The other situation may be found where the doctrines of grace are not so prominent.  Someone may be very faithful in church attendance and outwardly righteous (parting the hoof) but yet have no delight or faith in the Lord and in the end wind up seeking to be justified by personal merit (not chewing the cud).

Both situations share a common assessment: they are an abomination to the Lord (Deut. 14:3), because they are not of faith.  Saving faith is active, efficacious, and unfailingly evident, as expressed in the Westminster Confession of Faith, chapter 14:

1. The grace of faith, whereby the elect are enabled to believe to the saving of their souls, (Heb. 10:39) is the work of the Spirit of Christ in their hearts, (2 Cor. 4:13, Eph. 1:17–19, Eph. 2:8) and is ordinarily wrought by the ministry of the Word, (Rom. 10:14,17) by which also, and by the administration of the sacraments, and prayer, it is increased and strengthened. (1 Pet. 2:2, Acts 20:32, Rom. 4:11, Luke 17:5, Rom. 1:16–17)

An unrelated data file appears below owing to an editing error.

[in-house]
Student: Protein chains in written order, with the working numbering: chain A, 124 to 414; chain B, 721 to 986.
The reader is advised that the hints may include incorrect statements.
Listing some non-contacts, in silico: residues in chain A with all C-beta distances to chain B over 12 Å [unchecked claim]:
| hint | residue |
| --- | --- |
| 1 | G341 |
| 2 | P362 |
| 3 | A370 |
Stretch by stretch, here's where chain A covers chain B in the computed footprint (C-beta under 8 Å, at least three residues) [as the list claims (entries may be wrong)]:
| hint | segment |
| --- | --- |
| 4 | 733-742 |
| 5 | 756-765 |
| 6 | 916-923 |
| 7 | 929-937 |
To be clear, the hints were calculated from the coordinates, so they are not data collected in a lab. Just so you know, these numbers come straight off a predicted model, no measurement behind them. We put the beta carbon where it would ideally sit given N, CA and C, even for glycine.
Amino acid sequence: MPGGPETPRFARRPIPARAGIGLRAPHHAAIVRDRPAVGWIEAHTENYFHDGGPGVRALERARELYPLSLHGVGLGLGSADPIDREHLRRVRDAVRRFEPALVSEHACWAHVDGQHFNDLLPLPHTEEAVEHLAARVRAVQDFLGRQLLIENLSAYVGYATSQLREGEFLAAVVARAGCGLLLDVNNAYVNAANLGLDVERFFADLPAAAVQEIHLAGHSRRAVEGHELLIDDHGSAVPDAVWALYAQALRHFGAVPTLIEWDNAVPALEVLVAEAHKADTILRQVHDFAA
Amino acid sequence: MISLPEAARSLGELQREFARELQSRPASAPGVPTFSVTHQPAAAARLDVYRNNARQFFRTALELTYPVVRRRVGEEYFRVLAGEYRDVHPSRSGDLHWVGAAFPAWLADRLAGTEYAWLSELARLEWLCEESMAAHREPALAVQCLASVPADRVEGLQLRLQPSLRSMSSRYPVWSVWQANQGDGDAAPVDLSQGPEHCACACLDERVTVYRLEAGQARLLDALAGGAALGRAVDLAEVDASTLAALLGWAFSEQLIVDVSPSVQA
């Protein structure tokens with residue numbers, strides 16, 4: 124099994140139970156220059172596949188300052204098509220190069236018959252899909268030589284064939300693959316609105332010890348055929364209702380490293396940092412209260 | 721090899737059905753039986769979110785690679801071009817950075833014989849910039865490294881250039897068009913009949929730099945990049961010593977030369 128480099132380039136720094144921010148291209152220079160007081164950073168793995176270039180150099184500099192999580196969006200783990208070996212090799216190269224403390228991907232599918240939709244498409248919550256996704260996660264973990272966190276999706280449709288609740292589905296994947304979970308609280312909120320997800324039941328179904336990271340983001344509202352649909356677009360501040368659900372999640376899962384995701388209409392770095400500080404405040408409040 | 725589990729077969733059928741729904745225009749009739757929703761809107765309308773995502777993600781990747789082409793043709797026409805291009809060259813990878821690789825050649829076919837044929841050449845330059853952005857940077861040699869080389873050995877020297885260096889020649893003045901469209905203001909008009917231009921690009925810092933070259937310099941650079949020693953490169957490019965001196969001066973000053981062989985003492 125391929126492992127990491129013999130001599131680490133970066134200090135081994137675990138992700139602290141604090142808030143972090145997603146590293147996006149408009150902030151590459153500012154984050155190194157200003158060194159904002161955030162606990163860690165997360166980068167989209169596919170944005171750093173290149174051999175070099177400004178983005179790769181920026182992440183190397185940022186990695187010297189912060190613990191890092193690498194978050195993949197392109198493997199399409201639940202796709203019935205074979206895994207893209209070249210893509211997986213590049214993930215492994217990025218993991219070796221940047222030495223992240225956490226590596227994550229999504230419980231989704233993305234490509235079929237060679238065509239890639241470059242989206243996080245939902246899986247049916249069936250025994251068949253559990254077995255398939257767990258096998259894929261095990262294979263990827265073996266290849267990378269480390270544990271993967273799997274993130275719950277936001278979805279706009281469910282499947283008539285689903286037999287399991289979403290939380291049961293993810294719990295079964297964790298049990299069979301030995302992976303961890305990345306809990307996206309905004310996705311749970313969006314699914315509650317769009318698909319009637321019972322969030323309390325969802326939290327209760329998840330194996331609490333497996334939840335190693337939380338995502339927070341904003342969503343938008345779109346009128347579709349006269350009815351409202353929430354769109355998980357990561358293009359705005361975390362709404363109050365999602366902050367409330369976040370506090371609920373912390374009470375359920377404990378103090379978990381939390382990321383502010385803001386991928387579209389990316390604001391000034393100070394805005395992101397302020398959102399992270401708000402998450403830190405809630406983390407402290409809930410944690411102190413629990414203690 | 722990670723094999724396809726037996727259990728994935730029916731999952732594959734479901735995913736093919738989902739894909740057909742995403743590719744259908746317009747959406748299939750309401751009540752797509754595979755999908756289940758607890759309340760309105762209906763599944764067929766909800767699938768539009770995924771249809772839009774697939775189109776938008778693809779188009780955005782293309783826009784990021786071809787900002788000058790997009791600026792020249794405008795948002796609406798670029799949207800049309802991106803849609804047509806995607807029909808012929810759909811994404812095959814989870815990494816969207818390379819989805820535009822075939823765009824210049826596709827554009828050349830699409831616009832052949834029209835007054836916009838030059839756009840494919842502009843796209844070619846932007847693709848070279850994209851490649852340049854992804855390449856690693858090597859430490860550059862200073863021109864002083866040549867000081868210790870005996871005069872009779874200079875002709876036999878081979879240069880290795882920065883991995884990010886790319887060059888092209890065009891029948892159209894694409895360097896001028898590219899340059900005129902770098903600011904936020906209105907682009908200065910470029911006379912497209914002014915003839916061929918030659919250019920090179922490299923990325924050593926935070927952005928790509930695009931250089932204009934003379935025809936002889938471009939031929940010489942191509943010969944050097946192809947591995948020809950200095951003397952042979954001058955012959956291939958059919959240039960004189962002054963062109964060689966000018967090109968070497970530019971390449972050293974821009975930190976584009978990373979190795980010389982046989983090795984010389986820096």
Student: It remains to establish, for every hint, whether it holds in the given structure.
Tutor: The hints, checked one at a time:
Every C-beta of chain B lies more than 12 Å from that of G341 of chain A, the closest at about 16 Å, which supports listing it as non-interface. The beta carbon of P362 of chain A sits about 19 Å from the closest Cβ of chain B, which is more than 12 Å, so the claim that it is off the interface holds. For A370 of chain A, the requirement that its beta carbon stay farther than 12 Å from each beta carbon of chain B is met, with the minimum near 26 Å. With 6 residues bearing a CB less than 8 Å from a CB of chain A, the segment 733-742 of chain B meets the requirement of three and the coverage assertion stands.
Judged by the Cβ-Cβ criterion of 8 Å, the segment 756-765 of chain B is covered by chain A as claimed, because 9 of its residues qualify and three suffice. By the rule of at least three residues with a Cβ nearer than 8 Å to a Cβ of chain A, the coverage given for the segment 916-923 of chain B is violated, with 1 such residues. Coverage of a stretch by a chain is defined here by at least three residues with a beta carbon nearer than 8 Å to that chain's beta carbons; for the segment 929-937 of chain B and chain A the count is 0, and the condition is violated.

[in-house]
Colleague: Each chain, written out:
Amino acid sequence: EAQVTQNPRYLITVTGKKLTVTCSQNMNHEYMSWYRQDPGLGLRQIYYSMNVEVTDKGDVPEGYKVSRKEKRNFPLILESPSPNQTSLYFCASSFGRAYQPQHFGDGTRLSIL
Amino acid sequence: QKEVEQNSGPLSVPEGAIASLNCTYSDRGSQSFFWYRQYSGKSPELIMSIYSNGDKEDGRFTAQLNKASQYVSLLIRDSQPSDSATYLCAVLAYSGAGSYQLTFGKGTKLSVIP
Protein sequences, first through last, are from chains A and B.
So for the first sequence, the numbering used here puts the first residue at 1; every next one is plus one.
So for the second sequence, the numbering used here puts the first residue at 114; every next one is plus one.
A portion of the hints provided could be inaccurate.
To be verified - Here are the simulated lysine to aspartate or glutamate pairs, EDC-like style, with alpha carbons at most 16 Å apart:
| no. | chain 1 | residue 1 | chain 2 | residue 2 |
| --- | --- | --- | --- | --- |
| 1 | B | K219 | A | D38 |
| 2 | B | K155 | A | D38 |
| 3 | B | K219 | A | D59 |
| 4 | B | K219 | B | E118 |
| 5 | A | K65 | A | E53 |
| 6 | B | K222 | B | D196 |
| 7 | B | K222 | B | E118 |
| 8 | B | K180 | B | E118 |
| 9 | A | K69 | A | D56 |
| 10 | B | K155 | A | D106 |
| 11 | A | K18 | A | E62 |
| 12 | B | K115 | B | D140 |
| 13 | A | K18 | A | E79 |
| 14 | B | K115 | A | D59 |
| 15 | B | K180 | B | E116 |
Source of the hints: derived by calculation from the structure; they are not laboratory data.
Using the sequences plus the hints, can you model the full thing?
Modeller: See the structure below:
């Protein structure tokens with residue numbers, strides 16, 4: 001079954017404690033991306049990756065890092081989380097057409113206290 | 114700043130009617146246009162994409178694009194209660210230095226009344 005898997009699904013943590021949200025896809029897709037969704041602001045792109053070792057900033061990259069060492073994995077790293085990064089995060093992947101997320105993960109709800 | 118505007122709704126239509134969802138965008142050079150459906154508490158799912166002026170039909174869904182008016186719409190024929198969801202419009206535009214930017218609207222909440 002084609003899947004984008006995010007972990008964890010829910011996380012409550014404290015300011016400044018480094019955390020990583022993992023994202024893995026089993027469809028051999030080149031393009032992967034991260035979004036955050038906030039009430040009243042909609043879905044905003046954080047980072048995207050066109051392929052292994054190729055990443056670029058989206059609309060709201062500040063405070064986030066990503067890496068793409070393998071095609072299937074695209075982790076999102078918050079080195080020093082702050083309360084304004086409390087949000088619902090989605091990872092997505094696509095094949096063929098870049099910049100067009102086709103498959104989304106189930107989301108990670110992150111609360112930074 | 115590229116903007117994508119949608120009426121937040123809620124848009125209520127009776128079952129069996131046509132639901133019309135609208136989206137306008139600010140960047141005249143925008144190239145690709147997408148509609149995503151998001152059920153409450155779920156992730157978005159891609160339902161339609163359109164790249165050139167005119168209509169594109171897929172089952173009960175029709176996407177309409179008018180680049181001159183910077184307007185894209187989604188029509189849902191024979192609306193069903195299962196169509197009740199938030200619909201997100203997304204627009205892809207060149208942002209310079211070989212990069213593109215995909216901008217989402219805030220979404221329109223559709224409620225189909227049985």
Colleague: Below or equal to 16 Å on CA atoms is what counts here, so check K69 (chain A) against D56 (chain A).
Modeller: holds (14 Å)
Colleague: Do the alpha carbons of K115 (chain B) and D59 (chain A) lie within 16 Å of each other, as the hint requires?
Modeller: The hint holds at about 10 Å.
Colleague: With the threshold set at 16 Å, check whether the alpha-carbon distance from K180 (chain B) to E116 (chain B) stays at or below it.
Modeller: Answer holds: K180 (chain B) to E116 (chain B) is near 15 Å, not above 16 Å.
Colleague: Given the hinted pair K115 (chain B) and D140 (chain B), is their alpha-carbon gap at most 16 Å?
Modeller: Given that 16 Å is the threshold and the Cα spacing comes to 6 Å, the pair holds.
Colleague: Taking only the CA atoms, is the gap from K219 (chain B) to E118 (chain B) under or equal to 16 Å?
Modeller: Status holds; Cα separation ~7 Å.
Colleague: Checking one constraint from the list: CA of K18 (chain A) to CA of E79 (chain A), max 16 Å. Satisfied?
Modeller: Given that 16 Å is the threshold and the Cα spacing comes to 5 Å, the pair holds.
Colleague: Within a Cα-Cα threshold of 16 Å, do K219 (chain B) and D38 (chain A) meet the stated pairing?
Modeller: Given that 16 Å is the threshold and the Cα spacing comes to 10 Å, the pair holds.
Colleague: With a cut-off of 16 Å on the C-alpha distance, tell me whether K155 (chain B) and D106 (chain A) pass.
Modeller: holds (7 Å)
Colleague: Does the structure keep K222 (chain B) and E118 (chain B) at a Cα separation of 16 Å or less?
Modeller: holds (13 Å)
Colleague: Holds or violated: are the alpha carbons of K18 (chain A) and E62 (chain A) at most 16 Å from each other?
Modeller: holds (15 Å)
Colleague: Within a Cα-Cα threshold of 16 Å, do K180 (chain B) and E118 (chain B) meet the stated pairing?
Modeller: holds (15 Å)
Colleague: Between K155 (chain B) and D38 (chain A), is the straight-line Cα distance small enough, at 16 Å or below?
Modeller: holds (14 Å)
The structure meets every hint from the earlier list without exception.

2. By this faith, a Christian believeth to be true whatsoever is revealed in the Word, for the authority of God Himself speaking therein; (John 4:42, 1 Thess. 2:13, 1 John 5:10, Acts 24:14) and acteth differently upon that which each particular passage thereof containeth; yielding obedience to the commands, (Rom. 16:26) trembling at the threatenings, (Isa. 66:2) and embracing the promises of God for this life, and that which is to come. (Heb. 11:13, 1 Tim. 4:8) But the principal acts of saving faith are accepting, receiving, and resting upon Christ alone for justification, sanctification, and eternal life, by virtue of the covenant of grace. (John 1:12, Acts 16:31, Gal. 2:20, Acts 15:11)